Kine supply voltage level +V1 is coupled to a terminal 28a of stage 55, between series arrangement 29 and resistor 34. Voltage level +V1 is coupled to terminal 28a via a resistor R24 that is coupled to a filter capacitor C8 and via a self biasing diode 60, embodying an aspect of the invention. An arrangement similar to stage 55, not shown, is provided for each of CRT's 11 and 12.
When, for example, a user turns off the power to the television receiver, such, for example, by disconnecting mains supply voltage 116, deflection loss occurs and voltage SWEEP-NORMAL attains a near zero volt level. Voltage SWEEP-NORMAL at near zero volts causes transistors 51 and 30 to become nonconductive. As long as voltage level +V1 is produced, a cathode voltage VK of CRT 10 is maintained at approximately +225 volts. A grid voltage VG that is developed at a grid G1 of CRT 10 is maintained at a voltage that is not more positive than +27 volts. The large voltage difference between the cathode and grid of CRT 10 causes a cut-off condition to occur in CRT 10 in which a beam current iBEAM at the cathode of CRT 10 becomes zero. Voltage SWEEP-NORMAL at near zero volts protects CRT 10 against a damage to its display screen by preventing ultor voltage U from producing beam current iBEAM.
Assume that immediately after the user turns off the power to the television receiver or due to a fault condition that occurs when the television receiver, is already turned on, voltage level +V1 becomes substantially smaller than its nominal level such as, for example, zero volts. Also assume that ultor voltage U at the ultor terminal or the screen voltage at a screen grid terminal, not shown, of CRT 10 is still at a sufficiently high level to produce beam current iBEAM when voltage level +V1 is substantially smaller than its nominal level. When, for example, the user turns off the television receiver, horizontal and vertical deflection cease and voltage SWEEP-NORMAL becomes zero, as explained before. Consequently, beam current iBEAM that could be produced after the deflection ceases, if not quickly disabled, could cause a damage to the screen of CRT 10.
In accordance with an aspect of the invention, diode 60 becomes back biased when voltage level +V1 is substantially smaller than its nominal level and prevents beam current iBEAM from flowing to ground conductor GND via, for example, capacitor C4 at terminal 32 or via capacitor C8. Therefore, if voltage VK is at a small magnitude that can produce beam current iBEAM, beam or cathode current iBEAM quickly charges a cathode electrode capacitance CP, formed at the cathode of CRT 10, to develop cathode voltage VK at a large magnitude in a self biasing manner. Voltage VK causes CRT 10 to be, advantageously, substantially in cut-off or blanking condition. Thus, beam current iBEAM can decrease to substantially zero in a negative feedback manner. Advantageously, the cathode voltage of CRT 10 can increase quickly to provide beam current cut-off because the total capacitive load that is developed at the cathode electrode, including cathode electrode capacitance CP, is small or in the order of 15 picofarad. Thus, diode 60 produces a high output impedance of video driver stage 55 at the cathode electrode of CRT 10 relative to ground conductor GND. The high output impedance that is determined by capacitance CP provides self bias to CRT 10 that tends to cut-off beam current iBEAM. Due to the small value of capacitance CP, the response time for producing the cut-off condition in CRT 10 is, advantageously, short.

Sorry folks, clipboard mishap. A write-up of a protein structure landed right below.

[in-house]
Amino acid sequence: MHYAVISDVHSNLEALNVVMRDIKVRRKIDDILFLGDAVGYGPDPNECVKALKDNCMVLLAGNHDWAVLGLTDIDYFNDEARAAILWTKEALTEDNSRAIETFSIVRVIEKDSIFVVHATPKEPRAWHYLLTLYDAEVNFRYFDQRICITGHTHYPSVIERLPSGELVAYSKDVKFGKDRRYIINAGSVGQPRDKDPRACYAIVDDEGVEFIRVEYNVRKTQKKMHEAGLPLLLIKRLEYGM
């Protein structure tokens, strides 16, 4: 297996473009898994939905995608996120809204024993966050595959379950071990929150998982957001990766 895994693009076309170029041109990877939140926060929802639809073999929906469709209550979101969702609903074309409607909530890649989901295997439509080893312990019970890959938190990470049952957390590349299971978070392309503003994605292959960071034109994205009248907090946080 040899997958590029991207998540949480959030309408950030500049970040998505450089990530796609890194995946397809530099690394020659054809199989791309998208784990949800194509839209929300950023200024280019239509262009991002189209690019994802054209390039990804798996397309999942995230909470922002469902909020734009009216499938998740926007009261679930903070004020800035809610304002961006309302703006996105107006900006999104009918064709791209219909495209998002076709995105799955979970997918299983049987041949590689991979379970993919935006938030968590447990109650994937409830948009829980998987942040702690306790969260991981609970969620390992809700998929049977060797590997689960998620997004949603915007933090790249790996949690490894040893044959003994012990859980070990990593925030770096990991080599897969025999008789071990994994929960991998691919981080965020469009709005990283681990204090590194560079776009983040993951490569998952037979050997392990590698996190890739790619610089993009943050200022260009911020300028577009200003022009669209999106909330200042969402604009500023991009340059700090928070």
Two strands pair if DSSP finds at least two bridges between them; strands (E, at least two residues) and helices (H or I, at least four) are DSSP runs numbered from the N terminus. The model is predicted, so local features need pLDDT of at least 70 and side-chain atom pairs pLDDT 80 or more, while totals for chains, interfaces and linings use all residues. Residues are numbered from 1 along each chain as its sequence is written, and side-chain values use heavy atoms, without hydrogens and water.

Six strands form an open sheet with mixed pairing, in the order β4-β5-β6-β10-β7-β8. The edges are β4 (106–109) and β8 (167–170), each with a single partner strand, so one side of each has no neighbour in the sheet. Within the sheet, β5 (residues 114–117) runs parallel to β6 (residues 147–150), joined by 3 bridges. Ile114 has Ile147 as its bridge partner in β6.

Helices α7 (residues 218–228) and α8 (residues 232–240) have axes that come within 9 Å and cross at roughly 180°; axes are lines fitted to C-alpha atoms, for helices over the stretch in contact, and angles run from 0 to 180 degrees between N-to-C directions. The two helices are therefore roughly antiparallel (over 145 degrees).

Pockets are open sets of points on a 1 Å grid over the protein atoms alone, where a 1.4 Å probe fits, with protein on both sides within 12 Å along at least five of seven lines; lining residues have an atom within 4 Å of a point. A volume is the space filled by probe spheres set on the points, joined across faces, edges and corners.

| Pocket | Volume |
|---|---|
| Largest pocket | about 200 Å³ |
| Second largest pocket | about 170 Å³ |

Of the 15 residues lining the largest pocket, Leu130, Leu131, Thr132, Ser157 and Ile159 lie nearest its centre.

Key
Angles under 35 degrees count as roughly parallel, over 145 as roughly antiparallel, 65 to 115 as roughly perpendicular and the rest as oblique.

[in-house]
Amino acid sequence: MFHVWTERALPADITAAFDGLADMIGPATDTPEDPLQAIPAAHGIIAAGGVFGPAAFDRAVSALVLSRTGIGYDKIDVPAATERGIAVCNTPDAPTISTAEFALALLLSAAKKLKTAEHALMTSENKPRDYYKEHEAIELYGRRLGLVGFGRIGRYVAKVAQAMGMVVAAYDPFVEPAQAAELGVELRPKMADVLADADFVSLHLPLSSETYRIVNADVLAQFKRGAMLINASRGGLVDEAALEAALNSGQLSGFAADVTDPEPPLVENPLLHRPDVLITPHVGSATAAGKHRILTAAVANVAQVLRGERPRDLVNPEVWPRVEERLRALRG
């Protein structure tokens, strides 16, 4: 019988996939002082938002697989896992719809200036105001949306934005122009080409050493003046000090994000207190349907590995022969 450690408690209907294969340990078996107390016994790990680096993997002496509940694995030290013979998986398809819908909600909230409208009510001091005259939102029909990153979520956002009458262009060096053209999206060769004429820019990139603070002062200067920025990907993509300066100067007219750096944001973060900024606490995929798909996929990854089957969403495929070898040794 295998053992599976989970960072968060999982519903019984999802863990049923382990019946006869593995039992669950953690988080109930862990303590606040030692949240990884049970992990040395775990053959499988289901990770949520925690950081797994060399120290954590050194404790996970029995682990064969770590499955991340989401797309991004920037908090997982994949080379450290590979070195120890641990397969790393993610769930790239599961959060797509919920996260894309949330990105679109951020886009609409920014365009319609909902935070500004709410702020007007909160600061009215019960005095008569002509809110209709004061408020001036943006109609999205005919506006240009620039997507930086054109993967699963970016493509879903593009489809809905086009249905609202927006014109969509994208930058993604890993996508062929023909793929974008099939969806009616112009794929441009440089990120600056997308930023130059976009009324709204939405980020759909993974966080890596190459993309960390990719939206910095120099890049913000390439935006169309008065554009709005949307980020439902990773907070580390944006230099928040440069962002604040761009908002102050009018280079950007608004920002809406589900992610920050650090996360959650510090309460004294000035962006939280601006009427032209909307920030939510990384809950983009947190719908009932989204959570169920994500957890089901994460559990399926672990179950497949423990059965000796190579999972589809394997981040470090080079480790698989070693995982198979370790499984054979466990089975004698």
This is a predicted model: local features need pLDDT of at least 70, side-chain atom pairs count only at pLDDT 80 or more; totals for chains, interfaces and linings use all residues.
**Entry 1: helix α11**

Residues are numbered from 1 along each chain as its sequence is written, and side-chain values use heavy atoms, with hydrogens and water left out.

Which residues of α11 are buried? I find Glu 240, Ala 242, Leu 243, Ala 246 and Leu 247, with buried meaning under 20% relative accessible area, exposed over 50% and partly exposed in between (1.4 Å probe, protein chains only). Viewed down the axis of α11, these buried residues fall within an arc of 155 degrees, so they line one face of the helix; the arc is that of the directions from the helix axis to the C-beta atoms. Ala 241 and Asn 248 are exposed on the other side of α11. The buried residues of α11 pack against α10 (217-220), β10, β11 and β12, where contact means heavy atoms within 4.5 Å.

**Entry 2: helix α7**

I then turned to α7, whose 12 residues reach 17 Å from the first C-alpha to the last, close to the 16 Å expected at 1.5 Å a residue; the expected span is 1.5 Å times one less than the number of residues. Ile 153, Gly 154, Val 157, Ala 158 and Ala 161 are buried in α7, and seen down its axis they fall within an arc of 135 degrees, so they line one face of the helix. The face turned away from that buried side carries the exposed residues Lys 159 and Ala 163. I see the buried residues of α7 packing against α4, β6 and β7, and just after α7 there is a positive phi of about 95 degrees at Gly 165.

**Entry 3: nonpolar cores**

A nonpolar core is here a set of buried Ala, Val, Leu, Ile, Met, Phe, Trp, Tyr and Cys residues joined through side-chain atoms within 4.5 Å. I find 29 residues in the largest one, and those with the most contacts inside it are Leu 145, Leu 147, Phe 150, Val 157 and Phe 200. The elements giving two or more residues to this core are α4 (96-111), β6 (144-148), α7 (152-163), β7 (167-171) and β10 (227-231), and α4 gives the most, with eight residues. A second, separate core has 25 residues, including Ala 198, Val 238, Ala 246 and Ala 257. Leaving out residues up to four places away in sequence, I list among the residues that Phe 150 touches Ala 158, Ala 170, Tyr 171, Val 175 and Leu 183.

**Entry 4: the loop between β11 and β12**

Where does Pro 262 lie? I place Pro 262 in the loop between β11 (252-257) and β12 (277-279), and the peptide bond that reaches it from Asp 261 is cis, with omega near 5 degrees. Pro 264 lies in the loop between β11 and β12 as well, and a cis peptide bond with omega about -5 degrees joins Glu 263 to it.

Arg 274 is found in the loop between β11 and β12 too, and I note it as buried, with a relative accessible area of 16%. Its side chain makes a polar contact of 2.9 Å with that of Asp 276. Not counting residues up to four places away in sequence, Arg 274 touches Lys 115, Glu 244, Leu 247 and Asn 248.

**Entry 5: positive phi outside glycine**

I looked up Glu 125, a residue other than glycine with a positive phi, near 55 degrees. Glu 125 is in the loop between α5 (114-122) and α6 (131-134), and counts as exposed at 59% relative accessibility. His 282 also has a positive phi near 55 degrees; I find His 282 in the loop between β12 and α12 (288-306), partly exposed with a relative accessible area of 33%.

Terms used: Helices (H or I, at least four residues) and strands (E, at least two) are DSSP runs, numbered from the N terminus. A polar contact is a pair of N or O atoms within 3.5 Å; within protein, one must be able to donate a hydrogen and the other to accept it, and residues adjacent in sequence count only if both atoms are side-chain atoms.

For explanation, ignore the operation of a circuit 777 that is described later on. Had capacitors C4 and C8 not been decoupled from terminal 28a of stage 55 through a switch such as diode 60, voltage level +V1 that is significantly smaller from its nominal level might have produced cathode voltage VK at a smaller level than required to provide beam current blanking. In this case, beam current iBEAM could flow to ground conductor GND through an emitter-base P-N junction of transistor 81, because of an avalanche or breakdown condition in such P-N junction, and through capacitors C4 and C8, for example, or through any other supply load that is coupled to terminal 32 of capacitor C4. Therefore, the cathode voltage of CRT 10 would have been too small to provide blanking of beam current iBEAM. Therefore, beam current iBEAM could have caused screen burn damage to the screen of CRT 10.
Grid biasing and cut-off circuit 777 such as, for example, described in a copending U.S. patent application Ser. No. 07/515,513, filed concurrently herewith, entitled A PROTECTION CIRCUIT FOR A CATHODE RAY TUBE, in the name of John Barrett George and incorporated by reference herein is also provided. Circuit 777 maintains grid voltage VG at about +25 volts during normal operation and causes voltage VG to be at about -200 volts when signal HOR is not generated. Under various fault conditions circuit 777 provides an additional protection that is capable of blanking CRT 10. For example, if, for some reason, transistor 51 is not maintained disabled, throughout an interval that follows horizontal deflection loss and while ultor voltage U is still sufficiently large to produce a large beam current, then circuit 777 can prevent screen burn damage in CRT 10 during such interval.
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|EP1497844A4 *||Apr 21, 2003||Feb 15, 2006||Thomson Licensing||Focus voltage control arrangement with ultor voltage tracking|
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|U.S. Classification||315/384, 348/E03.039, 348/E09.025, 315/386, 348/E05.031|
|International Classification||H04N5/228, H04N3/20, H04N9/31|
|Cooperative Classification||H04N3/20, H04N5/228, H04N9/31|
|European Classification||H04N9/31, H04N3/20, H04N5/228|
|Jun 21, 1990||AS||Assignment|
Owner name: THOMSON CONSUMER ELECTRONICS, INC., A CORP OF INDI
Free format text: ASSIGNMENT OF ASSIGNORS INTEREST.;ASSIGNOR:GEORGE, JOHN B.;REEL/FRAME:005375/0676
Effective date: 19900605
|Nov 23, 1994||FPAY||Fee payment|
Year of fee payment: 4
|Dec 1, 1998||FPAY||Fee payment|
Year of fee payment: 8
|Dec 6, 2002||FPAY||Fee payment|
Year of fee payment: 12